This morning, as I was walking to the municipal gymnasium in the medium-sized town just outside Paris where I live, I walked through the municipal park. Three gardeners were mowing the grass and tending the borders. I must admit that it looked magnificent in a pale morning sun. Primroses and dark blue, yellow and white pansies are in full bloom, daffodils and forsythia are coming out, the tulips are not far behind and the climbing roses have been neatly cut back and trained around their wooden frames. The gardeners were equipped with regulation clothing, boots and gloves, garden tools and two modern lawn mowers. The had wiped off the well varnished wrought iron and wooden benches and placed clean bags inside the rubbish cans next to each one. Behind the park, there is a large and well-equipped playground where children from the surrounding flats can meet after school or on a Sunday afternoon to play basketball, football or use the slides and swings. In the background is a handsome and well-maintained 18th century building that houses an internationally renowned centre specialised in the teaching of French as a second language. A plaque recalling De Gaulle’s stirring address of June 18, 1940, (“France has lost a battle, but France has not lost the war”), almost standard issue in most municipalities, is displayed on a patch of grass near the entrance.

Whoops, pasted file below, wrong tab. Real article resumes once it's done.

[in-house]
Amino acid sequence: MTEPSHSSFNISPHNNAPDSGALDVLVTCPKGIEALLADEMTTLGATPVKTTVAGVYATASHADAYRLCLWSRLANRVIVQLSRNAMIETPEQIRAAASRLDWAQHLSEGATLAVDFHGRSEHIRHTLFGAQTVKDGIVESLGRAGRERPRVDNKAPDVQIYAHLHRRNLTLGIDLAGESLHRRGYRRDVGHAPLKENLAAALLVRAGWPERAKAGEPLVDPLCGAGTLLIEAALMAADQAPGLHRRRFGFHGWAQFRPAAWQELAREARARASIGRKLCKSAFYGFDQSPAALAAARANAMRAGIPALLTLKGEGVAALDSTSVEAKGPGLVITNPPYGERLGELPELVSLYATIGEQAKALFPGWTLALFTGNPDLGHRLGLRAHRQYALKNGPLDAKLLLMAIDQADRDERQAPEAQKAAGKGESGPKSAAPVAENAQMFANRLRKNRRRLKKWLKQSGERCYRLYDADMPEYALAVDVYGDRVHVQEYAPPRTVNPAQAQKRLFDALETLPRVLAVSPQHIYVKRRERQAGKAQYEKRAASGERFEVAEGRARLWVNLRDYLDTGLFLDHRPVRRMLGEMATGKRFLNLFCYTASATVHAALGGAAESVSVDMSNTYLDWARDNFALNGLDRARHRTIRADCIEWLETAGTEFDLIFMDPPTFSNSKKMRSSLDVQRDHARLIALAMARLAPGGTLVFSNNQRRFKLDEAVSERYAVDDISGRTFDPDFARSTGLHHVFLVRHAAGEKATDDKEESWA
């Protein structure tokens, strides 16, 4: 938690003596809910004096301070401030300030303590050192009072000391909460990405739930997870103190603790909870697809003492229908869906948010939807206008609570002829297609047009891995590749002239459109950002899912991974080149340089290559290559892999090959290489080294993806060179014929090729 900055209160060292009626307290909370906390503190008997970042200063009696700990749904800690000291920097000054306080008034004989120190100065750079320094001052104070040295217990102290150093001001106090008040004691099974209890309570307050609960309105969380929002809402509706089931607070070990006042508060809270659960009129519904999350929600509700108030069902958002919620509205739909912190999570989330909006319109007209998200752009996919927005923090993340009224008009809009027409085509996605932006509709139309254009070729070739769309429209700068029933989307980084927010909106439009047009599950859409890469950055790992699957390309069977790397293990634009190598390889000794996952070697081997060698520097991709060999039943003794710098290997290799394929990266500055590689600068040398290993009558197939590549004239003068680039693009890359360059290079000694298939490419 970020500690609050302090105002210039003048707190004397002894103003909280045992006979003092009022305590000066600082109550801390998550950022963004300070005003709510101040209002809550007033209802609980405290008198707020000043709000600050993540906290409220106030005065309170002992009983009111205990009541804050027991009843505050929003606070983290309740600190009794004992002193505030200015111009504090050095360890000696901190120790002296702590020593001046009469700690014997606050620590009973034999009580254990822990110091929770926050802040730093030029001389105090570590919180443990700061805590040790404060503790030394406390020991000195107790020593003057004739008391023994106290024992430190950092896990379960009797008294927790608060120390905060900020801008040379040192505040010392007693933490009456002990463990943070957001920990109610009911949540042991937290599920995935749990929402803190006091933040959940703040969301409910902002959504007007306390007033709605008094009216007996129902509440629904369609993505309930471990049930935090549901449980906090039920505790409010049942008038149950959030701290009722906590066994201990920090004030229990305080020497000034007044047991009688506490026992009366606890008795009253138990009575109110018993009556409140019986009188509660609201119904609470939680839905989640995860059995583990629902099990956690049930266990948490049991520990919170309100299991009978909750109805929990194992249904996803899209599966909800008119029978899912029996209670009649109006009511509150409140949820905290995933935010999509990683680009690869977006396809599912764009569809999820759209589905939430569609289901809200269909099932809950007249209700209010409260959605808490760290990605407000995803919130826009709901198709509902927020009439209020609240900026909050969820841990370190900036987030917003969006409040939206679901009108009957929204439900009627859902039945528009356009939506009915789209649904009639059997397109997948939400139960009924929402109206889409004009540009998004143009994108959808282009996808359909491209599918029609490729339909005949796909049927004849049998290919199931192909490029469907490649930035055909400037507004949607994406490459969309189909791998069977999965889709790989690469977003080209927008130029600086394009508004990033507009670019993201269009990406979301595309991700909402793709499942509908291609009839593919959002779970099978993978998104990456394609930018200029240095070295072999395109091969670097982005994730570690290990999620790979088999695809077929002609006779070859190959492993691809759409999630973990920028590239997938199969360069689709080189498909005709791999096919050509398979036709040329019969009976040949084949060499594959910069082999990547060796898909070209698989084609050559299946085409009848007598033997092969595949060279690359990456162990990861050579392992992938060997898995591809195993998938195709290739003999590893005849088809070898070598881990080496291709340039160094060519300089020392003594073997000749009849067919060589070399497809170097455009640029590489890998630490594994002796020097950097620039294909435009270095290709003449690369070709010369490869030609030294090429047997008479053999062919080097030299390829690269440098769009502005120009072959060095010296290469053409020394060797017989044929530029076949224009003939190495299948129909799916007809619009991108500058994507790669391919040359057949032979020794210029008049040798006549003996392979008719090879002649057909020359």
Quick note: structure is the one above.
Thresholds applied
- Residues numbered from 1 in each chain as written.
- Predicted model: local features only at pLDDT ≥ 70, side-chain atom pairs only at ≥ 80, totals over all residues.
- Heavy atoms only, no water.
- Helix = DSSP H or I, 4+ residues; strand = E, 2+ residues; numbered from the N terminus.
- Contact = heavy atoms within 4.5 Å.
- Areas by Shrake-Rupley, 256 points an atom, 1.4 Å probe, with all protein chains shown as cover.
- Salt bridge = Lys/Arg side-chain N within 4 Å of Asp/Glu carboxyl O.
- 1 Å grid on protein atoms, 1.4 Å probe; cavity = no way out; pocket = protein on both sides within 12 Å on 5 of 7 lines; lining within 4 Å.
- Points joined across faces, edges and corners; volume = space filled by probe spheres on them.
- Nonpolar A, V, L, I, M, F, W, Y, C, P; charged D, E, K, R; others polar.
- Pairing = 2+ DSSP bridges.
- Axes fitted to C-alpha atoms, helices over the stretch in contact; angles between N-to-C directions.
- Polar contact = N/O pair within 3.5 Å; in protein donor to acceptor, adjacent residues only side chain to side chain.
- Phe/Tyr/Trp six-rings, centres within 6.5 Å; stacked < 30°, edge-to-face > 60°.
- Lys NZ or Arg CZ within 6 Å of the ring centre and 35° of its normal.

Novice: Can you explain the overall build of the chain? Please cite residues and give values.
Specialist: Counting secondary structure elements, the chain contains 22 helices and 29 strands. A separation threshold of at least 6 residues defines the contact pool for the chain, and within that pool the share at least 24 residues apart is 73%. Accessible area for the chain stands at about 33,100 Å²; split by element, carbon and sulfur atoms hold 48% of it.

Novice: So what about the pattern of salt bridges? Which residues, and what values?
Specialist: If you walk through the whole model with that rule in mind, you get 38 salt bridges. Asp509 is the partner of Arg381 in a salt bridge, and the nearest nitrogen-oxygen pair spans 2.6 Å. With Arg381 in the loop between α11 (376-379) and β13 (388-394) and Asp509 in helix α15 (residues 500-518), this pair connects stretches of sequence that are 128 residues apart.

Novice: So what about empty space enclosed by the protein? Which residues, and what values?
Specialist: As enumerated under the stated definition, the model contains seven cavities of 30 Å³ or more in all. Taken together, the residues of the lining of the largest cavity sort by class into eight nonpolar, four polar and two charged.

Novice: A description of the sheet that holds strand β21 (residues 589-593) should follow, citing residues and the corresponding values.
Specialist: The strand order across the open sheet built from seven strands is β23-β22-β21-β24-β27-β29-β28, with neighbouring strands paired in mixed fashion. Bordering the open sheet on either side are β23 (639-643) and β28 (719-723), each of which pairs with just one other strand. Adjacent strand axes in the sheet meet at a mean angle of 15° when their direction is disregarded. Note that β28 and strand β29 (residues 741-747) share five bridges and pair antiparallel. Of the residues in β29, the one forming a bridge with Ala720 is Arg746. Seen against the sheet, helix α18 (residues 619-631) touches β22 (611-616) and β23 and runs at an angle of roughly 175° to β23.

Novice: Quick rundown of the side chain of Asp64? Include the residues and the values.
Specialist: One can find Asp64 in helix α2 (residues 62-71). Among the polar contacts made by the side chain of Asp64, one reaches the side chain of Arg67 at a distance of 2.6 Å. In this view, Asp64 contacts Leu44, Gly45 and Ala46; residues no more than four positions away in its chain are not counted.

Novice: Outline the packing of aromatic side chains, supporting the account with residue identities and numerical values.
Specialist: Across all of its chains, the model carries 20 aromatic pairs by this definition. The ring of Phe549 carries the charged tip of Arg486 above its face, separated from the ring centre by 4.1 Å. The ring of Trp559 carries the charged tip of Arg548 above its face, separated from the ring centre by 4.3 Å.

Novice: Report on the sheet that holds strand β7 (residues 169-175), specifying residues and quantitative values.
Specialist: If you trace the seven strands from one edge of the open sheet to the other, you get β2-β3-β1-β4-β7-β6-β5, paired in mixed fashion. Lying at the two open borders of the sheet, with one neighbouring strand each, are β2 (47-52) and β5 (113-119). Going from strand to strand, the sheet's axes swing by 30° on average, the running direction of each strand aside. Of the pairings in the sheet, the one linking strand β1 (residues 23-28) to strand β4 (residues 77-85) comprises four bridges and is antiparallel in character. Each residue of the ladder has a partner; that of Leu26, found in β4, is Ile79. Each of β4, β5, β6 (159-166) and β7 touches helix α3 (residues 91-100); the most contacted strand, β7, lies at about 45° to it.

None of this of course is done on a shoestring. For a not too taxing 35 hour working week, the three well-equipped municipal gardeners I saw at work this morning are probably paid a little more than the minimum wage of about €1200 month, including, as they are local authority civil servants, fairly automatic wage increases and more generous health and pension benefits than they would get in the private sector. A recent, half-baked local authority reform was supposed to save money and generate greater efficiency but has clearly failed to have any impact on manpower. Although the national headcount of local authority civil servants has not increased, it certainly hasn’t fallen. And as central government subsidies to local authorities have been severely pruned, local taxes have tended to increase. In his municipal newsletter, our mayor consistently finds apologetic and convoluted explanations for the necessary increase in local taxes. In spite of almost zero inflation, they have risen by about 7% in the last three years. For a modest (77m2) apartment in an early 1960s block of flats, I pay a total of about €2500 a year in local taxes.
All that being said, when I listen to the BBC Today Programme and regularly hear tales of woe from local authorities throughout Britain, some of which are closing libraries and parks because they can no longer afford to keep them open, I don’t grumble too much as I fill in my on-line tax payment form every autumn. Well-stocked municipal flower beds may be feel-good projects but they undoubtedly do contribute to the quality of life in our town.